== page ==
room, and rags, and brushes and new brooms. The centre of the room was occupied by a large wicker basket.
‘What have we here?’ Lucio lifted the lid.
‘Let’s have a look.’
We moved, covetous, into the wheel of light that the lantern projected. In the sawdust lay the crystalline spheres of filament light bulbs.
‘They’re not blown?’
‘No, they’d have thrown them away,’ but in order to be sure I examined the setting of the filaments. They were intact.
We were robbing avidly in silence, filling our pockets, and when that didn’t seem enough for us we grabbed a cloth bag which we also filled with bulbs. To stop them clinking, Lucio put sawdust into the gaps.
There was an enormous protuberance in Irzubeta’s trousers round his stomach, he had so many light bulbs hidden there.
‘Look at Enrique, he’s pregnant.’
The remark made us laugh.
We withdrew prudently. The crystal pears tinkled like little bells sounding in the distance.
When we stopped in front of the library, Enrique extended an invitation:
‘We should go in and look for books.’
‘And what are we going to use to open the door?’
‘I saw an iron bar in the shed.’
‘You know what we should do? We’ll pack up the light bulbs and because Lucio’s house is the closest he can take them there.’
The rascal muttered:
‘Shit! I’m not going alone… I don’t want to end up in the clink.’
Behold the sinful outlines of a rascal! His collar button had come undone and his green tie was halfway down his torn shirtfront. Add to this a hat with the brim facing backwards, his face dirty and pale, his cuffs folded down over his gloves, and there you have the impudent image of this cheery masturbator attempting to reinvent himself as a house-breaker.
Enrique, who had finished organising his light bulbs, went off to find the iron bar.
‘Enrique’s a clever guy, right? Sending me out as bait all by myself.’
‘Don’t make stuff up. It’s only three blocks from here to your house. You can get there and back in five minutes.’
‘I don’t like it.’
‘I know what you don’t like… it’s no news that you’re too easily excited.’
‘And what if I do run into a cop?’
‘You beat it; what are your legs for?’
Shaking himself like a wet dog, Enrique came in, holding the iron bar.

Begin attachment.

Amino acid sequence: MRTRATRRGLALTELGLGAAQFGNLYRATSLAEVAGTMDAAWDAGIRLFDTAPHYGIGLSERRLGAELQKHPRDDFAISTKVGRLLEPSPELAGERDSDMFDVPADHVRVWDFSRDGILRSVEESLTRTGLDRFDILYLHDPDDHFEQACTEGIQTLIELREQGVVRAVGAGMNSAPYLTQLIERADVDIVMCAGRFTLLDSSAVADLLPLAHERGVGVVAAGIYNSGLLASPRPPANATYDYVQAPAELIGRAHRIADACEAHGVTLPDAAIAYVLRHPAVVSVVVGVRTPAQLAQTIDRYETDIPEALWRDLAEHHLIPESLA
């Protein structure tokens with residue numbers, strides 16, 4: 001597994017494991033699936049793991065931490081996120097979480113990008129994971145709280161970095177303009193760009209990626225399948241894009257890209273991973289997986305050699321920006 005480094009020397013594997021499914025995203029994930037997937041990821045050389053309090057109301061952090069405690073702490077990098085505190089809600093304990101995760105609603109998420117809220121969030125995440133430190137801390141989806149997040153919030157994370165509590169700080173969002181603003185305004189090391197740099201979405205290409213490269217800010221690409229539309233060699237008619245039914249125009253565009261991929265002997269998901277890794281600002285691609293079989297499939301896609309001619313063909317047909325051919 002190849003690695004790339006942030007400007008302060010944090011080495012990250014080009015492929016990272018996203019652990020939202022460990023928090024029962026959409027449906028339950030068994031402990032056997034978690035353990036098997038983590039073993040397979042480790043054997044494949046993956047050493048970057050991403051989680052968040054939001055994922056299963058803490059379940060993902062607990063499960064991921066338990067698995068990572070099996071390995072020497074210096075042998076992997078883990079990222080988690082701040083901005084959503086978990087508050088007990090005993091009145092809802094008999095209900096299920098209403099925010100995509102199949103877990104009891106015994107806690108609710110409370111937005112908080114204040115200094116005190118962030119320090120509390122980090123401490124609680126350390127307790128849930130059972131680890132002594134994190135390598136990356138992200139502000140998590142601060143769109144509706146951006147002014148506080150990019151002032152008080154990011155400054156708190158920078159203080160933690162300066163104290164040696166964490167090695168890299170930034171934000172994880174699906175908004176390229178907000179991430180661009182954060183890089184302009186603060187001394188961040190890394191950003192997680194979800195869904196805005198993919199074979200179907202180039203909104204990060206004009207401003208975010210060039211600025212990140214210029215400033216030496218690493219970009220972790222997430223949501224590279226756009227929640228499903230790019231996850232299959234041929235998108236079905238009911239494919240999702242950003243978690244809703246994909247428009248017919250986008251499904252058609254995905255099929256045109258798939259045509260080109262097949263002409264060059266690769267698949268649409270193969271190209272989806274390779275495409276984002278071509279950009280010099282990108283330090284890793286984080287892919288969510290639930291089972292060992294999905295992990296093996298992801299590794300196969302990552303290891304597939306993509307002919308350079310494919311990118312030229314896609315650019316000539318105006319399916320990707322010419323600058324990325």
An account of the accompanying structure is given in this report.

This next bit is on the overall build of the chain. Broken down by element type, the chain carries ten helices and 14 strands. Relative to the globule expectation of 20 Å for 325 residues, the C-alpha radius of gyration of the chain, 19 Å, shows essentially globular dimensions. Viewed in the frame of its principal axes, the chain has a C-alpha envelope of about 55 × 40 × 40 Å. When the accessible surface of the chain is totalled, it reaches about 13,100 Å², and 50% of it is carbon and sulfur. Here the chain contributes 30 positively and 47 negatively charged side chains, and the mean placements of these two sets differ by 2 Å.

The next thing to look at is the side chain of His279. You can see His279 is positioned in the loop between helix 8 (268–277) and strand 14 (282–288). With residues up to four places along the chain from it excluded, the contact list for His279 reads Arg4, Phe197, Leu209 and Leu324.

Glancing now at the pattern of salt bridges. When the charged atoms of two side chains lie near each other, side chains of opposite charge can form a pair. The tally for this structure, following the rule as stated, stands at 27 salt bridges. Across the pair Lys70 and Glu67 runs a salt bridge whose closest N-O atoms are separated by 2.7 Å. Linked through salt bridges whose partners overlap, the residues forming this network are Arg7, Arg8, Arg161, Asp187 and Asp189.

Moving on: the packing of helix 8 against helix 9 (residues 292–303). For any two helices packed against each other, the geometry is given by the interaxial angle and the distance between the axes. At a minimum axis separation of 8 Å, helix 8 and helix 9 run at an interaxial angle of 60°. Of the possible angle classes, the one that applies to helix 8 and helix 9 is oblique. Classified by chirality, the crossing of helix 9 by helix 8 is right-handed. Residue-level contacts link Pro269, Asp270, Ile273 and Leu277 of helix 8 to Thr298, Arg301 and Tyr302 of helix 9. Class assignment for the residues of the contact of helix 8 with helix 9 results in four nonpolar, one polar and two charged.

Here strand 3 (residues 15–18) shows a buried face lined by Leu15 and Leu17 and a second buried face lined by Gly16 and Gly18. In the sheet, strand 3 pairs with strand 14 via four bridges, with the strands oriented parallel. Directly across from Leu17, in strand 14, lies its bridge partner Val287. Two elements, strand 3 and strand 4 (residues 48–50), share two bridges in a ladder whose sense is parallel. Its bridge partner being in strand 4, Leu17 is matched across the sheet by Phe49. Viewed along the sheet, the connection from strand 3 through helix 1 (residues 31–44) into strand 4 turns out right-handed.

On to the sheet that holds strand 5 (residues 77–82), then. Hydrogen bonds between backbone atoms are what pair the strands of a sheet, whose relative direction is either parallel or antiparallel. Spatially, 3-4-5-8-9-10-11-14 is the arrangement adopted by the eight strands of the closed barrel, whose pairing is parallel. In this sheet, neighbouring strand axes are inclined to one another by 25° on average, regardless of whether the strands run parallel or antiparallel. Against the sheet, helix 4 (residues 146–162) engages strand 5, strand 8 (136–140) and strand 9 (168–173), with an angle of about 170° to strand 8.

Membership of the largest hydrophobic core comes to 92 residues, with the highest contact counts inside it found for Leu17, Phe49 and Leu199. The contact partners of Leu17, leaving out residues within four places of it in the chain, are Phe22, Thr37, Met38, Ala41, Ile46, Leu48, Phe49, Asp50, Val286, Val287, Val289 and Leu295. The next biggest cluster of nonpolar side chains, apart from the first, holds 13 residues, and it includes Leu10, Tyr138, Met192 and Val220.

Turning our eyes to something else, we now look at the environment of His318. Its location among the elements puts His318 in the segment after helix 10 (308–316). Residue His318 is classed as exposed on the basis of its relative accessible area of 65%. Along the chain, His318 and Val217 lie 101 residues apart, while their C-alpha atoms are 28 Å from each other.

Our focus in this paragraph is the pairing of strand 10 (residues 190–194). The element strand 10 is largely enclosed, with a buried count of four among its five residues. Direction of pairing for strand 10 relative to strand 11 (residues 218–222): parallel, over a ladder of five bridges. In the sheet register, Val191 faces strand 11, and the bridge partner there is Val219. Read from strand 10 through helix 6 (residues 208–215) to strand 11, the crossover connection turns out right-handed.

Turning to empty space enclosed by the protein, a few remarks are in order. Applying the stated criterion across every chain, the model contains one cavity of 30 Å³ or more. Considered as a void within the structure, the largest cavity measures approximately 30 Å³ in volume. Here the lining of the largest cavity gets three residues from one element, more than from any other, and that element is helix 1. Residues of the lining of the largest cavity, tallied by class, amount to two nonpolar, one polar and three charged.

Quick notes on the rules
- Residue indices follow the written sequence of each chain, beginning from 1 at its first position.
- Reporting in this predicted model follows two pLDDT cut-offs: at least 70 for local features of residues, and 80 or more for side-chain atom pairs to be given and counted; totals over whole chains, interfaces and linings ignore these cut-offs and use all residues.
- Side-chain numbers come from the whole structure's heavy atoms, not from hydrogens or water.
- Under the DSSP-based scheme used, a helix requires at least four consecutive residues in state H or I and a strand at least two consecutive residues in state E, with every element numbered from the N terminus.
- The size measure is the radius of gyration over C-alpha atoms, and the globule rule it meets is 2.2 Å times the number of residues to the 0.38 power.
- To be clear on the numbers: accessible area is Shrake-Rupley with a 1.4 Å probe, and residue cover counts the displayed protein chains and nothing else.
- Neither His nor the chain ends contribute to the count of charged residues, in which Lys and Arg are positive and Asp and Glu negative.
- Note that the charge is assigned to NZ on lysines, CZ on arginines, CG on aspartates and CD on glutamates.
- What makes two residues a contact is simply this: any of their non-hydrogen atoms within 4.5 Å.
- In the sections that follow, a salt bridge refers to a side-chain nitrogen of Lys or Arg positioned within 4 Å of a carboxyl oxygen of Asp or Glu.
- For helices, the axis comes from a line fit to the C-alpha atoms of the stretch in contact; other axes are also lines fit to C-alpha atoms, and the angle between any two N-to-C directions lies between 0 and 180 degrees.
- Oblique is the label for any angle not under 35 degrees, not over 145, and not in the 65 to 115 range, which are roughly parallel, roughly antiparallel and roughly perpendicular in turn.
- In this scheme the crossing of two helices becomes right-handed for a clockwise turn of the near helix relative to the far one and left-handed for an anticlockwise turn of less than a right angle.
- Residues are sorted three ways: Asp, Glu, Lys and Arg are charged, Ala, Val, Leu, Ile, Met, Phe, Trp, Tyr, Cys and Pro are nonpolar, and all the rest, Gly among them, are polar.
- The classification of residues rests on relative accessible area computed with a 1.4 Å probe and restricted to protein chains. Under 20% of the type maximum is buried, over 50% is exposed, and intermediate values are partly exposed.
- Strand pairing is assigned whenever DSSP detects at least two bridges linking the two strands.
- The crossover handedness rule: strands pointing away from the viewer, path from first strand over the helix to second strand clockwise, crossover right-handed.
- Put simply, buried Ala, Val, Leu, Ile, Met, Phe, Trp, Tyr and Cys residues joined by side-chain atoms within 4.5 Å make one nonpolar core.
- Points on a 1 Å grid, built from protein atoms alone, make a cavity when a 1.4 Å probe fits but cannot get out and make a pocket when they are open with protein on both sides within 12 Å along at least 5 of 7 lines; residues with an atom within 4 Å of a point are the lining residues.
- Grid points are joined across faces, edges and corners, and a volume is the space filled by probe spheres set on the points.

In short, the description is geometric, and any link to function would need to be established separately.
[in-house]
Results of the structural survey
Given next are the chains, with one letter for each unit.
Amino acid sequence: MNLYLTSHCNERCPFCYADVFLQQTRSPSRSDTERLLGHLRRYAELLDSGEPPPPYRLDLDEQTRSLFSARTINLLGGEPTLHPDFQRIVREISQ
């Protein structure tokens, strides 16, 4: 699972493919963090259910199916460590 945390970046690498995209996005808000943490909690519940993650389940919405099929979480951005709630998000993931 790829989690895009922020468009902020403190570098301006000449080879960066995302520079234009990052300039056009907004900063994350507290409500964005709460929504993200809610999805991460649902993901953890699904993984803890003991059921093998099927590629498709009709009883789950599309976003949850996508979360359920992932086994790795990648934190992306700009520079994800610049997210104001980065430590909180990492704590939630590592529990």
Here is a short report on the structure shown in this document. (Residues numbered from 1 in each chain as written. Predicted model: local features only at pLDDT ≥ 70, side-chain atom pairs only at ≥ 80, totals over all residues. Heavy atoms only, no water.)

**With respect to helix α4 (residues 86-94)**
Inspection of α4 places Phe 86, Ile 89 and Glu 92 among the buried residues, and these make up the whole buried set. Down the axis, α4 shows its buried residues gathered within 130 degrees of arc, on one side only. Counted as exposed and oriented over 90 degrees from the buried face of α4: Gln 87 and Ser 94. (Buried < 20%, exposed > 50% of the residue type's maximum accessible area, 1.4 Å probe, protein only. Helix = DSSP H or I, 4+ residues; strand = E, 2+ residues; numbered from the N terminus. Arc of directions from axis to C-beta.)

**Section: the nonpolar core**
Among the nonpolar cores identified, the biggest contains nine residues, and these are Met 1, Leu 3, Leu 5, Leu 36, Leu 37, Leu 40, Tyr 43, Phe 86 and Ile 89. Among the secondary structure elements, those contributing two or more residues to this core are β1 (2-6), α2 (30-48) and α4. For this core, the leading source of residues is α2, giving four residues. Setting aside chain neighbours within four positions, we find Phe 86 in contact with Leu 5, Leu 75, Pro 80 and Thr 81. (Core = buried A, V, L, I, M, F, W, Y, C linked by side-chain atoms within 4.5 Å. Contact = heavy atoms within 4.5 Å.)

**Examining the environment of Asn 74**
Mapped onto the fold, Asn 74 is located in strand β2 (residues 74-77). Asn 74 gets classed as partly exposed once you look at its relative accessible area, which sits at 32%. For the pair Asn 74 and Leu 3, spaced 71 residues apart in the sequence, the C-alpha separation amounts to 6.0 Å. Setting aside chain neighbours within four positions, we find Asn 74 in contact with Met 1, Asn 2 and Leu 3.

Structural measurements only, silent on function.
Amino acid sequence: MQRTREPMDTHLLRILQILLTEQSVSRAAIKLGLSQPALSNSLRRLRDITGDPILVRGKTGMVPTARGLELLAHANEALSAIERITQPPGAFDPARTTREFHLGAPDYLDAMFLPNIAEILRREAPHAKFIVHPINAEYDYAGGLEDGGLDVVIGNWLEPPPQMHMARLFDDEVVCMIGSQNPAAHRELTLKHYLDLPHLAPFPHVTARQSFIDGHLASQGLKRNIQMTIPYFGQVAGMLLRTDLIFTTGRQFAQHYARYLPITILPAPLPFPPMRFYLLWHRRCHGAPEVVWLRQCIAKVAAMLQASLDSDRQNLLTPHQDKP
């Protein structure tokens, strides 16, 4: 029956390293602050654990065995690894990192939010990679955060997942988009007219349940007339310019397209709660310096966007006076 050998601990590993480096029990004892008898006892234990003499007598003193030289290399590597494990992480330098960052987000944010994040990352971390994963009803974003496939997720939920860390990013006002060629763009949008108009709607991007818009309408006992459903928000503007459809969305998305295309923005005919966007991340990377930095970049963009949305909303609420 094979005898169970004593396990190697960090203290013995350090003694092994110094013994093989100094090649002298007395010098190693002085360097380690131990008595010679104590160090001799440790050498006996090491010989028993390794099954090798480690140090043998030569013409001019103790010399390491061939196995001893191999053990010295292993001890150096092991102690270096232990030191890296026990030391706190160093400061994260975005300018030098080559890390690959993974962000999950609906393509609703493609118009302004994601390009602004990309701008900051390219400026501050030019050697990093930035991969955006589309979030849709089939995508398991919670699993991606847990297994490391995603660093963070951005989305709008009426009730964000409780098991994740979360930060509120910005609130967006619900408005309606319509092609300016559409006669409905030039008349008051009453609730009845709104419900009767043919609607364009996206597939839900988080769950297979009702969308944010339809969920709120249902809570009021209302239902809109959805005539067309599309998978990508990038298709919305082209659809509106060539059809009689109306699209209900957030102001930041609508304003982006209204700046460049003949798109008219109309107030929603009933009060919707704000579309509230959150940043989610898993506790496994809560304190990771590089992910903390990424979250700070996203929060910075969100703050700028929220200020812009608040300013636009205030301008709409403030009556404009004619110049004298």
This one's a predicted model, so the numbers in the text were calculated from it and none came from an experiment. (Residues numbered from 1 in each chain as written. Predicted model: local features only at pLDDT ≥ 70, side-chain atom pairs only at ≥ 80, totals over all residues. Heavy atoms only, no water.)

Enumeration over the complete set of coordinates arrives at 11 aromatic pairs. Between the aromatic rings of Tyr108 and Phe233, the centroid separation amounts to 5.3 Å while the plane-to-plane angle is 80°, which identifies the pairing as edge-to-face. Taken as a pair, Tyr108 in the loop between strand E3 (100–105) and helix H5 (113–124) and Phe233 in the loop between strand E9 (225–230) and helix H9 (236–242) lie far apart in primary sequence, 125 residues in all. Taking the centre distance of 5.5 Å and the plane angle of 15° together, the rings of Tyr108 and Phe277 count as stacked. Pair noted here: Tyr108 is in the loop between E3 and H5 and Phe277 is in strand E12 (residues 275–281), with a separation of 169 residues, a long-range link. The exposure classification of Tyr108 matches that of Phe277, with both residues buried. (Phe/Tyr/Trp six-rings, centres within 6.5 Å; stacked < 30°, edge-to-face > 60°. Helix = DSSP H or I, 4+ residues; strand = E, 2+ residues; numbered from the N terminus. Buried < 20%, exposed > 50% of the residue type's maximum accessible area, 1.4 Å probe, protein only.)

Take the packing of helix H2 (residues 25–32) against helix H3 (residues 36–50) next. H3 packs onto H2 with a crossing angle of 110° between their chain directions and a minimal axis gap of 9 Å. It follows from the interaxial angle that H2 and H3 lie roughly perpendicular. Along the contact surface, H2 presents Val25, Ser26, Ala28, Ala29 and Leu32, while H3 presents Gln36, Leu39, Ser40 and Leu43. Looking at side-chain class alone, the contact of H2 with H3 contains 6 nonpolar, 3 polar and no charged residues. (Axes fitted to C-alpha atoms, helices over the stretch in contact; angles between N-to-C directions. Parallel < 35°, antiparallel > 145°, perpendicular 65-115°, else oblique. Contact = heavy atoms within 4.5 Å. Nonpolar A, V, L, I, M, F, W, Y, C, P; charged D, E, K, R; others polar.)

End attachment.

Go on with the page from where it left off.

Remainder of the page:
‘Give it to me, you’ll see.’
I wrapped the end of the iron bar in a handkerchief, then stuck it into the crack under the door, and then saw that instead of pushing towards the floor I should push in the other direction.
The door creaked and I stopped.
‘Push a bit harder,’ breathed Enrique.
I pushed harder and the alarming creaking noise sounded again.
‘Let me do it.’
Enrique’s push was so energetic that the simple creaking noise broke into a dry crack.
Enrique stopped and we all froze… stupefied.
‘What a brute!’ Lucio protested.
We could hear our terrified breathing. Lucio involuntarily turned the lantern off and this, added to the initial fear, returned us to our initial watchful state, without daring to move, our hands stretched out and trembling.
Eyes bored into the darkness; they seemed to be listening, gathering all the insignificant sounds that roamed the space. A sharp hyperaesthesia seemed to expand our hearing too, and we stood like statues, our lips parted, waiting.
‘What shall we do?’ Lucio murmured.
The fear broke.
I don’t know what inspiration made me say to Lucio:
‘Take the revolver and go and watch the stairs, down below. We’ll get to work.’
‘And who’ll wrap up the light bulbs?’
‘So now you care about the bulbs? Go on, don’t worry about them.’
And the charming rake disappeared after throwing the revolver into the air and catching it with the air of a cinematic apache.
Enrique cautiously opened the door to the library.
The atmosphere became filled with the smell of old paper, and by the light of the lantern